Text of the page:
NEWS

As many as 20,933 Indians (an average of 1,163 per year) have died over the past 18 years–between 2001 to 2018–due to “cold and exposure”, an analysis of statistics on accidental deaths due to natural causes obtained from the Open Government Data (OGD) Platform of Government of India reveals.

 

The deaths are largely in direct relation to the homeless population in a state, higher in states which do not comply with the Supreme Court’s orders to provide better shelters for the homeless.

 

Homeless men bear the brunt of death in winter

 

Men outnumber women by five times with 9,152 men and 1,780 women succumbing to death from exposure to cold.

 

 

 

A plausible explanation for the excess of men dying could be the higher homeless male population, especially in urban areas. India’s homeless sex ratio (number of women per 1,000 men) is 694, while it is 878 in rural and 558 in urban populations, according to the 2011 census.

 

Among men, those aged between 45 and 59 are most vulnerable, while women aged above 60 are most likely to die of cold exposure.

 

Between 2001 and 2014, the most deaths due to “cold and exposure” were recorded in 2012–nearly 1,000. The cold wave in December that year alone killed 249–the sixth-highest number of deaths due to a natural disaster in the world, as per the Annual Disaster Statistical Review 2012 report.

 

The last 10 days of December 2012 witnessed severe cold wave conditions–similar to January that year–with a maximum temperature that was 5 degrees celsius below normal, according to the Annual Climate Summary 2012 issued by the National Climate Centre. Earlier that year, the Ministry of Home Affairs, Government of India, had included cold wave/frost in the list of natural calamities eligible for official aid.

 

 

 

The worst-hit states are among the poorest–except Punjab

 

Uttar Pradesh (UP), Bihar, Rajasthan and Punjab have been particularly vulnerable to the cold wave phenomenon between 2000 and 2009, with 13, 12, 12 and 10 cold waves respectively, according to a report by the National Institute of Disaster Management.

 

UP saw most deaths between 2001 and 2014 due to cold weather. Not only did it have the most cold waves but also has the highest percentage of homeless population at 18.56%. Punjab and Bihar also witnessed many cold waves but have considerably fewer homeless people–2.63% and 2.57% respectively.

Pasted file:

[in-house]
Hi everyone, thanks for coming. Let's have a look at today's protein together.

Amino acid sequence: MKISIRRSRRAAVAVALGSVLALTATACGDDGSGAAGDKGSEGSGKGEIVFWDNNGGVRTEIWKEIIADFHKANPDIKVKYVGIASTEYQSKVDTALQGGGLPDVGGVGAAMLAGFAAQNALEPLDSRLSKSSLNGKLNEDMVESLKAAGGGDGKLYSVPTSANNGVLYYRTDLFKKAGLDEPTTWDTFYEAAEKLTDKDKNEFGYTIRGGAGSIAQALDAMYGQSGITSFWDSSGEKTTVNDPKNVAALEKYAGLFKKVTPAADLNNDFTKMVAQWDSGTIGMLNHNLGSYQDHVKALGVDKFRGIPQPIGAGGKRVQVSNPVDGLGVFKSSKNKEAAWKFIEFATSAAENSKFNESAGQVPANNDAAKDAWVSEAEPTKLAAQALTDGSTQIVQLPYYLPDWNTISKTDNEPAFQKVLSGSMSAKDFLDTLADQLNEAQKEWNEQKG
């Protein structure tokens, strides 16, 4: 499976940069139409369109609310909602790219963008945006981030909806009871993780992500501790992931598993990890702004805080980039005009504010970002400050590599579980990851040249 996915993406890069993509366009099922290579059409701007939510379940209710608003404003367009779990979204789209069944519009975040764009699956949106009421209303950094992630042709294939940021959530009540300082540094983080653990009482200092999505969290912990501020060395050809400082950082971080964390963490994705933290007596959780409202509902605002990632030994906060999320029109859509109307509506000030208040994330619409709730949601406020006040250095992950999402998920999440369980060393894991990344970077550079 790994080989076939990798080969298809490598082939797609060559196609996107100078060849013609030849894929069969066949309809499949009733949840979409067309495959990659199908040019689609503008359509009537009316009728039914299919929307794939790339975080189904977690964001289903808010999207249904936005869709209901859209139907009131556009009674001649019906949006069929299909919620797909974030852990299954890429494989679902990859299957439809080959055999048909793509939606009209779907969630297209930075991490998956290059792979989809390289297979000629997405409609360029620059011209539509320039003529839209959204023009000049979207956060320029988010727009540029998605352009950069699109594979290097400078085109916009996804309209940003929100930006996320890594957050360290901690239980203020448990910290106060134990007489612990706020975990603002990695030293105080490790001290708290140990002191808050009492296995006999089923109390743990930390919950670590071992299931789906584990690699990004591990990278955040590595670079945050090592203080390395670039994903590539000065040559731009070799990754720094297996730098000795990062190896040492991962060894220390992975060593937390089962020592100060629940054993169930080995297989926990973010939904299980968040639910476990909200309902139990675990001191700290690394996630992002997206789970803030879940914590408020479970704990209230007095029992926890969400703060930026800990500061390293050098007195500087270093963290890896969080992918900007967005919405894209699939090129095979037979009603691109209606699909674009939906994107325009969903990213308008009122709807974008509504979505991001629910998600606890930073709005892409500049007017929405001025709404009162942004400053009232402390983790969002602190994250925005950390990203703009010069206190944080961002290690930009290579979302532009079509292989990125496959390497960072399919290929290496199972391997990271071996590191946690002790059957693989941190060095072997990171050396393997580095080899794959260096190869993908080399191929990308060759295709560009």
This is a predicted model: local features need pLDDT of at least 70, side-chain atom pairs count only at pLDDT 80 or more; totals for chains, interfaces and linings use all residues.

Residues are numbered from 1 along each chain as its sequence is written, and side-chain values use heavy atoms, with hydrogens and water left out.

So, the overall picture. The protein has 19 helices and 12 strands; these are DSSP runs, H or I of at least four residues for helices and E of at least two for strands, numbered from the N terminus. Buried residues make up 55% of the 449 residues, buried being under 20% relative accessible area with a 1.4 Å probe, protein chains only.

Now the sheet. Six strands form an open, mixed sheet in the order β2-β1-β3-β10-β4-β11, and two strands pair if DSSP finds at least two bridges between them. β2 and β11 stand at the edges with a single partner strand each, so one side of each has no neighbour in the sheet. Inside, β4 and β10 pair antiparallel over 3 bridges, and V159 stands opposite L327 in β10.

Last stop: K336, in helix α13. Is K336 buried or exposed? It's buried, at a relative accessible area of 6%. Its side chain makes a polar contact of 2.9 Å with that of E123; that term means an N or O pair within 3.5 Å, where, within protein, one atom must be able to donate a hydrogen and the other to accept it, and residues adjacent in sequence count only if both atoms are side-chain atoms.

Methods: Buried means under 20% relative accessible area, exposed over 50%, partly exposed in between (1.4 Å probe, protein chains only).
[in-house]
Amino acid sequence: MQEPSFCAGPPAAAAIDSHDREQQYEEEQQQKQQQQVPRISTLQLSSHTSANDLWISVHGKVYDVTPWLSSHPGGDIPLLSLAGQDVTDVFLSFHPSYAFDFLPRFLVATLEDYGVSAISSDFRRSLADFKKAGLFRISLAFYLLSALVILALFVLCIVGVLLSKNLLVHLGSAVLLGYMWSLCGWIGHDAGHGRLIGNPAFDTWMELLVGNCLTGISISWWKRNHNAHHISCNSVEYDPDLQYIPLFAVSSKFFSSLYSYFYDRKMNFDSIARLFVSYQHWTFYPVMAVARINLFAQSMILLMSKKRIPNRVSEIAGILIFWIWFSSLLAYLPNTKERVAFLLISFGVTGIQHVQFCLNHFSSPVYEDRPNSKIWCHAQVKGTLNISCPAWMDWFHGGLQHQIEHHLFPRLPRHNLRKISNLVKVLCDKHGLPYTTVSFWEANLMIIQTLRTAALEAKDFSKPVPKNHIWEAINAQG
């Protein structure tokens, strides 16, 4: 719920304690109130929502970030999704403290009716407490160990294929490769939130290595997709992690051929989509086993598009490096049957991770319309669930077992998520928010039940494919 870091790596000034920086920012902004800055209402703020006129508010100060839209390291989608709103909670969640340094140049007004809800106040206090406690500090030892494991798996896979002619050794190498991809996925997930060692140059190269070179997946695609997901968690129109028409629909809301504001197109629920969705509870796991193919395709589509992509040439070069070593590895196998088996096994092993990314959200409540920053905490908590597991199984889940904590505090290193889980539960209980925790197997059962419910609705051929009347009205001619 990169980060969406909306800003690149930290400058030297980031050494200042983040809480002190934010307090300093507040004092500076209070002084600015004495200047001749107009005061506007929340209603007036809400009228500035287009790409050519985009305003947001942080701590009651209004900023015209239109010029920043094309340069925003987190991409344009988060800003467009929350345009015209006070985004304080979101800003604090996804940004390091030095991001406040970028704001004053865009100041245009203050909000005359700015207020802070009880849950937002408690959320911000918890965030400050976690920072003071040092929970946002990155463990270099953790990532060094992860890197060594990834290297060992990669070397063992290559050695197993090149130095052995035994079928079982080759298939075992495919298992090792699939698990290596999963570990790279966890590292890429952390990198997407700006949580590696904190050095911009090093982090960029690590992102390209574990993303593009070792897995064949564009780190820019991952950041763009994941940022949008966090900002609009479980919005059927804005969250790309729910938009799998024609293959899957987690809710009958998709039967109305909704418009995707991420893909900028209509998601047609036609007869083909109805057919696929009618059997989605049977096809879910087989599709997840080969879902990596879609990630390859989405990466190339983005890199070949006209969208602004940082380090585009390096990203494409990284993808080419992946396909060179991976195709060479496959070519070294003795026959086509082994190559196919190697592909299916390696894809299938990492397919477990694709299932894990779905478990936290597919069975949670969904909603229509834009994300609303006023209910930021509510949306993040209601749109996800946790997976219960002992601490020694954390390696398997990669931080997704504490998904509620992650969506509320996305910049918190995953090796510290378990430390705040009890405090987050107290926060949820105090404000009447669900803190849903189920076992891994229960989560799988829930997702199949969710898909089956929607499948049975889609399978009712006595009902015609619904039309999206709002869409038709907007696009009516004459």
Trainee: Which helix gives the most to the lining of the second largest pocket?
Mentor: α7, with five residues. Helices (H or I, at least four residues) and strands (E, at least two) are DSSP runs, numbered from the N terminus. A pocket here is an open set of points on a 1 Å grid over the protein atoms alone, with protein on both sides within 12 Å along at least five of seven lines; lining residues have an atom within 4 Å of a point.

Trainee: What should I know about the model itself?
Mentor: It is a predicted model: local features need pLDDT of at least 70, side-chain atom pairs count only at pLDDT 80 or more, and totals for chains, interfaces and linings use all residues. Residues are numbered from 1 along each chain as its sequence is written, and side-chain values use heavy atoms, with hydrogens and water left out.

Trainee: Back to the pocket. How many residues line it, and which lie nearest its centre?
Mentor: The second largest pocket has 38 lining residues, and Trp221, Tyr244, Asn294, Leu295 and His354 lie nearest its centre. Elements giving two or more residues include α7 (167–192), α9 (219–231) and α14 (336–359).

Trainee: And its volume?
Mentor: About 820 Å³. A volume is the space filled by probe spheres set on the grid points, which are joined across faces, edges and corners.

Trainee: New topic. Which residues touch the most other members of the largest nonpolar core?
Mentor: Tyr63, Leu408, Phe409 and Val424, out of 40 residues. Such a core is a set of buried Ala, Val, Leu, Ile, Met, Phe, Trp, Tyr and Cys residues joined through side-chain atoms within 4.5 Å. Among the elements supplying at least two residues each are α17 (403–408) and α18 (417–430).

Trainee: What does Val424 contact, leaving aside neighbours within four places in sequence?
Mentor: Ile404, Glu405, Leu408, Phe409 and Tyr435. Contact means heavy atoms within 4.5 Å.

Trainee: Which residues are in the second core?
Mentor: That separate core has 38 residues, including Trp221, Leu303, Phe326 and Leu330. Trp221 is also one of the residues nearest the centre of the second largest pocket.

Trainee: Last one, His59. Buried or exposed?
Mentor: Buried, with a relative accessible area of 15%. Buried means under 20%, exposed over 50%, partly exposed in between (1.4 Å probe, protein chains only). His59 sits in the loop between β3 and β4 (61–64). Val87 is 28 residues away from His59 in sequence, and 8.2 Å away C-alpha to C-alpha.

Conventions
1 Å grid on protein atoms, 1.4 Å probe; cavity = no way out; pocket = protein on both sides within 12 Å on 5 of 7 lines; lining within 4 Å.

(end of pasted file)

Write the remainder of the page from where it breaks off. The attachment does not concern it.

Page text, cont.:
Yet, Punjab and Bihar record the second- and third-highest number of deaths.

 

Both states–along with others–were reprimanded last year by the Supreme Court for their “insensitive approach towards the homeless, many of whom die due to the biting cold”, and were ordered to set up adequate shelters before the harsh winters.

 

 

 

Incompetence of states or negligence?

 

Indian states do not have a good track record in sheltering their most vulnerable people–the homeless.

 

After a series of orders from the Supreme Court–in 2010 and 2011–to state governments for ensuring better shelter for the homeless, the Supreme Court Commissioners evaluated compliance of 16 states in the report titled “Permanent Shelters for Urban Homeless Populations” in 2012. The states were graded as good, average, poor and no compliance (or wilful disobedience).

 

Good compliance is accorded to states that build more than 60% of permanent shelters mandated by the Supreme Court. States with 30% to 60% of permanent shelters are graded as average. A record of 20% to 30% of the permanent shelters ordered is poor compliance, while below 20% means no compliance or wilful disobedience.

 

None of the states have complied well with court orders.

 

Delhi, UP and Tamil Nadu have been graded as average and could do better by opening more shelters and upgrading temporary and dysfunctional shelters to permanent ones. Nine states show poor compliance. Most states have non-functional or unfinished shelters. Many shelters are dismal and thus remain unutilised. Maharashtra and West Bengal fall in the wilful-disobedience category, as no functional shelters were found in either state.

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